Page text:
Finally, NR developments must include policies and provisions to prevent overflow development on agricultural preserves. To help alleviate this condition, some farms must become adaptive. How can it be assured that the amenities promised by NR will not encourage tangential developments if they are under-supplied by surrounding real estate markets? Also, if the farms remain active, new development surrounding them may increase the amount of nuisance claims already plaguing operational farmlands. It is important to note that creation of these networks can still have associated negative impacts including limitations on affordable housing and conflicts between neighbors and working farms related to byproduct water runoff and being downwind from concentrated animal feeding operations [79,80]. The influx of populations into areas tangent to farmlands has resulted in an increase in the number of lawsuits filed against farmers due to farming operations. Newcomers to the fringe want to settle near farms for the scenic qualities but do not wish to deal with the operational consequences, such as noise, dust, odors, and chemical spraying. These conflicts have given rise to right-to-farm laws, which protect farmers from nuisance suits if the follow standard farming practices that do not violate state or local laws. Right-to-farm laws have actually been enacted in every state in an attempt to limit the liability of farmers to nuisance claims [31]. Some of these laws predate neighboring nonfarm uses, while others are subject to the adherence to best management practices. As long as these agricultural uses adhere to existing legal guidelines, the claims have little to no merit due to these farms being grandfathered by law to operate as agricultural uses. Preserving amenities by preserving farmland is not synonymous with eliminating all development, but it must restrict development in some parcels to retain these amenities over time.
Fortunately, a new rural development is emerging; it is multifaceted and connects the practices of landscape management, agritourism and organic and/or sustainable farming [81]. Increasing the economic viability of farms will help maintain its long-term ecological and cultural viability. Simultaneously, the emphasis on local farming can create community self-development, where communities rely on local resources and/or assets to improve their economic well-being [82]. The U.S. began as an agrarian economy, and NR is an important approach to ensure that this rich agrarian history is preserved for future generations while still enabling cities to accommodate sustainable future development.


The open access publishing fees for this article have been covered by the Texas A&M University Online Access to Knowledge Fund (OAK Fund), supported by the University Libraries and the Office of the Vice President for Research.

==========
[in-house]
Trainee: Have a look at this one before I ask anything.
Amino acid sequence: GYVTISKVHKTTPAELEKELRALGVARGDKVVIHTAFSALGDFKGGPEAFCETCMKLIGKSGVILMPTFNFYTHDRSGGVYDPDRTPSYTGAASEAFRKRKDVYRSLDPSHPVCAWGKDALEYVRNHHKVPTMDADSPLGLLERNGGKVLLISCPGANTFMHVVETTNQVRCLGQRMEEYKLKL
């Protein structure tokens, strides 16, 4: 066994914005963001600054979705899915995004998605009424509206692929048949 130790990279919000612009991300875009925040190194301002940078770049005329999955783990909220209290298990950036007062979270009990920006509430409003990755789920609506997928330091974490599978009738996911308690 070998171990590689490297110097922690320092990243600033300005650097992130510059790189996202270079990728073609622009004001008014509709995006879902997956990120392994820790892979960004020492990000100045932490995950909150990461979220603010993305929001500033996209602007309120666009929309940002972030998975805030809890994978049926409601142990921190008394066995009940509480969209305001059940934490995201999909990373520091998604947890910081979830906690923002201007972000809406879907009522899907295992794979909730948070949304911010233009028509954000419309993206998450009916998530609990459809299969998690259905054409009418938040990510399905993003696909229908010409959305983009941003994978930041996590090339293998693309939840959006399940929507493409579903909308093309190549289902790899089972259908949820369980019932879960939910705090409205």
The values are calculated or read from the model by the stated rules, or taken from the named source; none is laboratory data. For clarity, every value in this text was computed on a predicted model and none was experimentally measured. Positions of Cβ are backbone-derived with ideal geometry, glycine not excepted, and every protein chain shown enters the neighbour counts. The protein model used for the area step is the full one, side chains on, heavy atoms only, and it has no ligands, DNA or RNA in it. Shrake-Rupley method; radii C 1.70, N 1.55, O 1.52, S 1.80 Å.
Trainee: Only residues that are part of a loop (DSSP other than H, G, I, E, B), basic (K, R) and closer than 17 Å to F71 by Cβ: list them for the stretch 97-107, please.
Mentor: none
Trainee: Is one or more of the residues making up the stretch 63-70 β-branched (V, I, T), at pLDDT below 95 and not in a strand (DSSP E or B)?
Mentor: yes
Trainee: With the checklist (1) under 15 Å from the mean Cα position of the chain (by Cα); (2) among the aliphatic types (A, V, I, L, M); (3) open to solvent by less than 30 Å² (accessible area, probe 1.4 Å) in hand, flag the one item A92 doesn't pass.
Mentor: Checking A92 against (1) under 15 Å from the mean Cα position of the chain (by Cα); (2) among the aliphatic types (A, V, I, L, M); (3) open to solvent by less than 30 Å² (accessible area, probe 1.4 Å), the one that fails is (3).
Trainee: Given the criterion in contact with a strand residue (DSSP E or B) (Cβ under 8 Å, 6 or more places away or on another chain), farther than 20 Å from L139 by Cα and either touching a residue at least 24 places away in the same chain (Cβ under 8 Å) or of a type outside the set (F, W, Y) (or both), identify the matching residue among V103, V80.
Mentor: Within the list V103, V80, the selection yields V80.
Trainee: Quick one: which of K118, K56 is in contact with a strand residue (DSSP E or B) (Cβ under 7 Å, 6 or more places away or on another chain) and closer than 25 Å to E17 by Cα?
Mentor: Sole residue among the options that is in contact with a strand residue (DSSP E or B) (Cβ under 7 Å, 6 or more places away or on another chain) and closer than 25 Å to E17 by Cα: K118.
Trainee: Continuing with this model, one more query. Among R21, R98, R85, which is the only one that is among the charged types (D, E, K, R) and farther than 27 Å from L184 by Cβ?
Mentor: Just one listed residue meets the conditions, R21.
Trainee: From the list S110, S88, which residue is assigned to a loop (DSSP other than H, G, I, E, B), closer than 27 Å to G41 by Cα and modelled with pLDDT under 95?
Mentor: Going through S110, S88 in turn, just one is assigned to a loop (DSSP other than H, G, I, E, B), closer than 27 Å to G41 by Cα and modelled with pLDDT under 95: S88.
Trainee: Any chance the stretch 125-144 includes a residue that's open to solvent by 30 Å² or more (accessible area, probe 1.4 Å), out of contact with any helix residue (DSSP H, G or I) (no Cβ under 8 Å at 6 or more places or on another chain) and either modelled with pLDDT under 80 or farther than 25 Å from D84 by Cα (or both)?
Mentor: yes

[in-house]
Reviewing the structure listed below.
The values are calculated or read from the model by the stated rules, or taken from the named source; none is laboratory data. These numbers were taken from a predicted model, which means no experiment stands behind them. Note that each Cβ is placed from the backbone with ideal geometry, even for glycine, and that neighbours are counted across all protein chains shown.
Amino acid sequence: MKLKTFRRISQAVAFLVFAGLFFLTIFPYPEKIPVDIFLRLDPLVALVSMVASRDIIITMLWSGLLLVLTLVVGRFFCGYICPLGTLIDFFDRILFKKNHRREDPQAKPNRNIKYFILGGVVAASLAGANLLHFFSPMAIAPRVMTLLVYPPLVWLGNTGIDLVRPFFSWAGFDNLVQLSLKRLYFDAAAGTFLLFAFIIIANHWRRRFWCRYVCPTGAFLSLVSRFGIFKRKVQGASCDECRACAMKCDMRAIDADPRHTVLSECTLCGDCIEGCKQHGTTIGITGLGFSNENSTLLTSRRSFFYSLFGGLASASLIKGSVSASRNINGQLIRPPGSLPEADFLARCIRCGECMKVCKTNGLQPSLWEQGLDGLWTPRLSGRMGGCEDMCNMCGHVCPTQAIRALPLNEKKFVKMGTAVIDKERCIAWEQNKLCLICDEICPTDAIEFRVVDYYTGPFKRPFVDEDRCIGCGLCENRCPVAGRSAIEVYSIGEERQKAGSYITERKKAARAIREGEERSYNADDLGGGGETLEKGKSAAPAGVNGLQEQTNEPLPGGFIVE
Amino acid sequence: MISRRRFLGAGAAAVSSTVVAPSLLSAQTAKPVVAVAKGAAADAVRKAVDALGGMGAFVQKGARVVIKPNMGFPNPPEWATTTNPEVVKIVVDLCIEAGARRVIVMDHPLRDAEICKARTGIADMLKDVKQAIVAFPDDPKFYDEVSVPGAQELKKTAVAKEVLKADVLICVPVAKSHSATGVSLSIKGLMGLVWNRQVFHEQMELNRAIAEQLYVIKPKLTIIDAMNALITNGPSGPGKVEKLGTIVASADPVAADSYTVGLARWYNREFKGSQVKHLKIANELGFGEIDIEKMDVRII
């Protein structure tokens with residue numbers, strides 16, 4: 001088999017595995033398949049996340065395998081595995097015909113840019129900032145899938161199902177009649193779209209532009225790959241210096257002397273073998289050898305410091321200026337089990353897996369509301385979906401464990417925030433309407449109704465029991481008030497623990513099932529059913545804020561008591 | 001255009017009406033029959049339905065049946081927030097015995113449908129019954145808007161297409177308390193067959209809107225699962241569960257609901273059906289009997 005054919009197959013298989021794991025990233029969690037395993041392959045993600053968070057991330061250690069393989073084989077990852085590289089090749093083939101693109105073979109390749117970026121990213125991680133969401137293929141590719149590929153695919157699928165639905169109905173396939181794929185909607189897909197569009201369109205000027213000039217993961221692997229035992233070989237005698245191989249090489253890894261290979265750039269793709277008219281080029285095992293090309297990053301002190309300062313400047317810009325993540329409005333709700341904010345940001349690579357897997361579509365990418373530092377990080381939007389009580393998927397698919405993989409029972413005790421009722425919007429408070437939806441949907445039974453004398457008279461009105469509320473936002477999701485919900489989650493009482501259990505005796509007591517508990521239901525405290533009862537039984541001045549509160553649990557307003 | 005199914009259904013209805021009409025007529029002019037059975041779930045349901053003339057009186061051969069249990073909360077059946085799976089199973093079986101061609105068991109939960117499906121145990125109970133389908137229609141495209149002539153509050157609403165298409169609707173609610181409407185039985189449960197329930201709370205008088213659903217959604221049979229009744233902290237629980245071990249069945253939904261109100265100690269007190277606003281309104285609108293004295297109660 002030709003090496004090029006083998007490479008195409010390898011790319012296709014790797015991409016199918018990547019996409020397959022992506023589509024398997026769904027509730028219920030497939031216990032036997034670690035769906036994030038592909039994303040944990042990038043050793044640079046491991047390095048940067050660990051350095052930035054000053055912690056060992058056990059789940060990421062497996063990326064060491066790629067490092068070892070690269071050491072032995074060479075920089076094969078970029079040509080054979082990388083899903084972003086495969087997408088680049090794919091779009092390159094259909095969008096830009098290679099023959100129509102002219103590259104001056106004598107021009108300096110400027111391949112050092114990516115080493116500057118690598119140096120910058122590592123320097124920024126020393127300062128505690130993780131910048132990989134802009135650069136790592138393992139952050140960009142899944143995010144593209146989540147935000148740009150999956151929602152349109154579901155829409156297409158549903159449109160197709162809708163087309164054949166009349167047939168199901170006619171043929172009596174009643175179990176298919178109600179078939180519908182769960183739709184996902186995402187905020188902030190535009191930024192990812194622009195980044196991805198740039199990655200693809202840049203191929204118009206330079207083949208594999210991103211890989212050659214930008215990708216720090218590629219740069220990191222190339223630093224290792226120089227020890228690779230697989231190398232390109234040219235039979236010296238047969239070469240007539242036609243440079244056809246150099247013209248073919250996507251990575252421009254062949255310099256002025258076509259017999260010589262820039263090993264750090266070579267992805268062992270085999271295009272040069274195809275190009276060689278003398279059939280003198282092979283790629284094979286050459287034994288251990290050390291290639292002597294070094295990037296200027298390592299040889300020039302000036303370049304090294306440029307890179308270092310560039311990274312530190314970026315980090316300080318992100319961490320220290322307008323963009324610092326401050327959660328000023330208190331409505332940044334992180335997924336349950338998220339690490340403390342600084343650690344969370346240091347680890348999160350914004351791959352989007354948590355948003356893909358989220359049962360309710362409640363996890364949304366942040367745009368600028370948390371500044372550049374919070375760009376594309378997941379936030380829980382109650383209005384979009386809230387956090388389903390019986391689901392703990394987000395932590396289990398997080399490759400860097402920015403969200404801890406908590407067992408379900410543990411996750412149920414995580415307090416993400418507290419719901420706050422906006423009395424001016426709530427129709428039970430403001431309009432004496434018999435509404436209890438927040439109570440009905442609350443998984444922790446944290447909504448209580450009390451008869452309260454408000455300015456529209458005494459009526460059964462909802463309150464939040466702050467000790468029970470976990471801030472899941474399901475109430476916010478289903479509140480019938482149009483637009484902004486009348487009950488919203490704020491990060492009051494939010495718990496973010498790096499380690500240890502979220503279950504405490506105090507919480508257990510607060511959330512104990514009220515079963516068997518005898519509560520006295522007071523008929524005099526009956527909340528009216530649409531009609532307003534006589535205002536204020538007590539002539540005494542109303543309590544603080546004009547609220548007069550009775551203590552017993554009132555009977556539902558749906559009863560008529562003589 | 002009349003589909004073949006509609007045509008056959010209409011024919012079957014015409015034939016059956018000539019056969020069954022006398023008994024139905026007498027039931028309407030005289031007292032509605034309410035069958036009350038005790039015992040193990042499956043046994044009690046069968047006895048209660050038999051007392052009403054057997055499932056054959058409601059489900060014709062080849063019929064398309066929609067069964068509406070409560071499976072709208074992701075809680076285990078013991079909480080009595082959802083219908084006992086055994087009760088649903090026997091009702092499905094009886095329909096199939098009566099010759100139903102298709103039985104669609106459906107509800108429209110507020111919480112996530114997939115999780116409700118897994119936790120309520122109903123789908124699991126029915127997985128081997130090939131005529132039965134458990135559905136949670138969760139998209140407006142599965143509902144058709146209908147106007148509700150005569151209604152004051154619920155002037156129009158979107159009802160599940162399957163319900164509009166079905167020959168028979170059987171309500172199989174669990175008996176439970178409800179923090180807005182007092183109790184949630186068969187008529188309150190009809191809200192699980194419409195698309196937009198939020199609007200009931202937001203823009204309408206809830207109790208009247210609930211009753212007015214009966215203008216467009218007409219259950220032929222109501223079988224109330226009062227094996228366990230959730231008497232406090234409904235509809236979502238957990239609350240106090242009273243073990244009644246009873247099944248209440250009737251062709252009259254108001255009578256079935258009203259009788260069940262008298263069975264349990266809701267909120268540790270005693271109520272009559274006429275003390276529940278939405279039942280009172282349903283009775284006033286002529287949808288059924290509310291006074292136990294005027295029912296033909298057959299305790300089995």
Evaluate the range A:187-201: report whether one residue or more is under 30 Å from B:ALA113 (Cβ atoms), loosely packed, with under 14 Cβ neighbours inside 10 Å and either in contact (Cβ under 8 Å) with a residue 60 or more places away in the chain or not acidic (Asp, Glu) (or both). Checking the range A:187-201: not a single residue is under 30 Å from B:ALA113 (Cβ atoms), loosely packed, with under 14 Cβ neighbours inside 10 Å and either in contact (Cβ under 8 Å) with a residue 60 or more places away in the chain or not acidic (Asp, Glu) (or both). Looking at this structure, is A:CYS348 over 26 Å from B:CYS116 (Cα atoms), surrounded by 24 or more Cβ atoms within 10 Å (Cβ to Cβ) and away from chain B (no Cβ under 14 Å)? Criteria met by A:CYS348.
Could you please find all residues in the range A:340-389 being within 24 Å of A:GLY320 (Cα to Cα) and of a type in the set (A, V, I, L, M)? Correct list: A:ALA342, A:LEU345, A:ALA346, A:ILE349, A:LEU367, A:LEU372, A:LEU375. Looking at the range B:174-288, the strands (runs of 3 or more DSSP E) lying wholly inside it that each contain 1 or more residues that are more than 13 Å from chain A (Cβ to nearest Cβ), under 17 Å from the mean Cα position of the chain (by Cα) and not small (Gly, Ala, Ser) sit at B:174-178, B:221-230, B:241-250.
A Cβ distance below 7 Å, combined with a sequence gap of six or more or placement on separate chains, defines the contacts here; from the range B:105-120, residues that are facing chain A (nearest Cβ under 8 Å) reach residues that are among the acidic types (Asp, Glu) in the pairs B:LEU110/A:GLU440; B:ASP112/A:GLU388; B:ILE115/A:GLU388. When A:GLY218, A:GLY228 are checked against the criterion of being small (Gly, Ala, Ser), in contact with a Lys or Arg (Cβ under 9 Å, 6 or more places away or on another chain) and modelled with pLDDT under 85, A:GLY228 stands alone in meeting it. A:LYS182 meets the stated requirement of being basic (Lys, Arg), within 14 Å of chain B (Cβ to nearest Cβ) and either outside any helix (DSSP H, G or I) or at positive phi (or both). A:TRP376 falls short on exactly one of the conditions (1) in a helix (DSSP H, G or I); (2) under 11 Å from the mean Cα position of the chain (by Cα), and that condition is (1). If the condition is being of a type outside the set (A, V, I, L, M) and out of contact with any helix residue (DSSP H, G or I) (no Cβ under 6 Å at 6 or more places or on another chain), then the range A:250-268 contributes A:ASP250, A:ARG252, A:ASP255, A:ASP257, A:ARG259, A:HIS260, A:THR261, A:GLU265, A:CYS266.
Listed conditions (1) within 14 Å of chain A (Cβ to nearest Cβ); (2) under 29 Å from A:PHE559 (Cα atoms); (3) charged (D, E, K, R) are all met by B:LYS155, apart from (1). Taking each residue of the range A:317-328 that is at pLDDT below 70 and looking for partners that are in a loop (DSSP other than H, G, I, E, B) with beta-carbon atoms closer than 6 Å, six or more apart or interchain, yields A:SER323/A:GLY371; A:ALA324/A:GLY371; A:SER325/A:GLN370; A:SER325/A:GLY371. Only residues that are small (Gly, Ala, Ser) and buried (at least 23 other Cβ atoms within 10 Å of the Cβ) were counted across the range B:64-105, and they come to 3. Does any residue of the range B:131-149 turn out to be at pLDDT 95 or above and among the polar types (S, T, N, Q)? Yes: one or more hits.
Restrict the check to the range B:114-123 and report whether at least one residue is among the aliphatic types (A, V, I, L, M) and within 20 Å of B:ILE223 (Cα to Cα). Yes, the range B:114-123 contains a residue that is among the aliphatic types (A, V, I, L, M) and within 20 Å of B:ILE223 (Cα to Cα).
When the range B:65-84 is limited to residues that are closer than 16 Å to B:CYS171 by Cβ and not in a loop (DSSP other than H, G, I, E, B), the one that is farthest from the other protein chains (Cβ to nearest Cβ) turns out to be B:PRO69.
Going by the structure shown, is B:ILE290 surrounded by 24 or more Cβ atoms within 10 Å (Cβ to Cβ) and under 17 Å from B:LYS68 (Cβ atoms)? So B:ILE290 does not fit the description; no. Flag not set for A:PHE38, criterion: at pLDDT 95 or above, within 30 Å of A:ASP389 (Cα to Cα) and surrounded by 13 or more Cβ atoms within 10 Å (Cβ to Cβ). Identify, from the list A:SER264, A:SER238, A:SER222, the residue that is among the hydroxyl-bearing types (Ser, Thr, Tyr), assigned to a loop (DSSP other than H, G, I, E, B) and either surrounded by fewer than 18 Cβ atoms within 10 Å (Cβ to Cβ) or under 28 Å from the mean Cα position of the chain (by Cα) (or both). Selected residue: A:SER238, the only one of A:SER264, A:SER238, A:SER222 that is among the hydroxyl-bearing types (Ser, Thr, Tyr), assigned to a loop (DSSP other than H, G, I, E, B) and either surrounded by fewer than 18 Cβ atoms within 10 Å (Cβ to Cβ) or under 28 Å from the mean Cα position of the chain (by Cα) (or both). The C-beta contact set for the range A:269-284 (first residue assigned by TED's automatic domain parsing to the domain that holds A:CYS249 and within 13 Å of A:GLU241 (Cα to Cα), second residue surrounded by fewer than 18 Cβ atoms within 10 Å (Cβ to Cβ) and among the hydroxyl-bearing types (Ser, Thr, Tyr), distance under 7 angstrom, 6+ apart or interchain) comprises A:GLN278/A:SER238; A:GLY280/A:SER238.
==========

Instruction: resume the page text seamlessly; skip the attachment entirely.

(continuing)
Author Contributions

Galen D. Newman conducted research on the concept, definition and application of New Ruralism principles and provided the bulk of the literature review discourse. Jesse Saginor also conducted large portions of the literature review while locating and synthesizing much of the illustrative case study analysis.

Conflicts of Interest

The authors declare no conflict of interest


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Table 1. Comparison of the Concepts of New Ruralism, New Urbanism, Smart Growth, and Agricultural Urbanism.
Table 1. Comparison of the Concepts of New Ruralism, New Urbanism, Smart Growth, and Agricultural Urbanism.
CategoryNew RuralismNew UrbanismSmart GrowthAgricultural Urbanism
DefinitionThe preservation and enhancement of urban edge rural areas that as indispensable elements to the economic, environmental and cultural vitality of cities and metropolitan regionsA model for organizing development in cities, towns, and villages that are compact, walkable, mixed-use, and transit-friendly and contain a diverse range of housingDevelopment that serves the economy, the community, and the environmentA walkable urban form surrounded by large-scale food production
EtiologyThe need for more sustainable development patterns at the metropolitan edgechanges in physical form are a necessary precondition for urban economic, social, and ecological changeEconomic forces, consumer preferences, or misguided public policiesThe need for more sustainable practices associated with local food production and better public health
Discipline EmphasisEnvironmentalistsArchitectureRegionalistsAgrarianism
GoalSustaining rural areasSustaining urban areasSustaining regionsSustaining regions
Environment Agro-ecosystemsCitiesA range of neighborhoodsUrbanizing areas
Agricultural TypologySmall—medium size farmsIndustrial agricultureMixed typologiesLarge scale farm systems
Lifestyle Rural lifestyleUrban lifestyleUrban or rural lifestylesUrban lifestyle
ExtensionLow density peripheralsHigh-density centersUrbanizing regionsUrbanizing Regions
As Defined by DevelopmentIncreased density, suburban lots organized around agricultural preservesCompact urban development supported by multi-modal transportation servicesLarge-scale planning mechanisms promoting clustered development and open space preservationLarge-scale planning emphasizing regional food systems and urban growth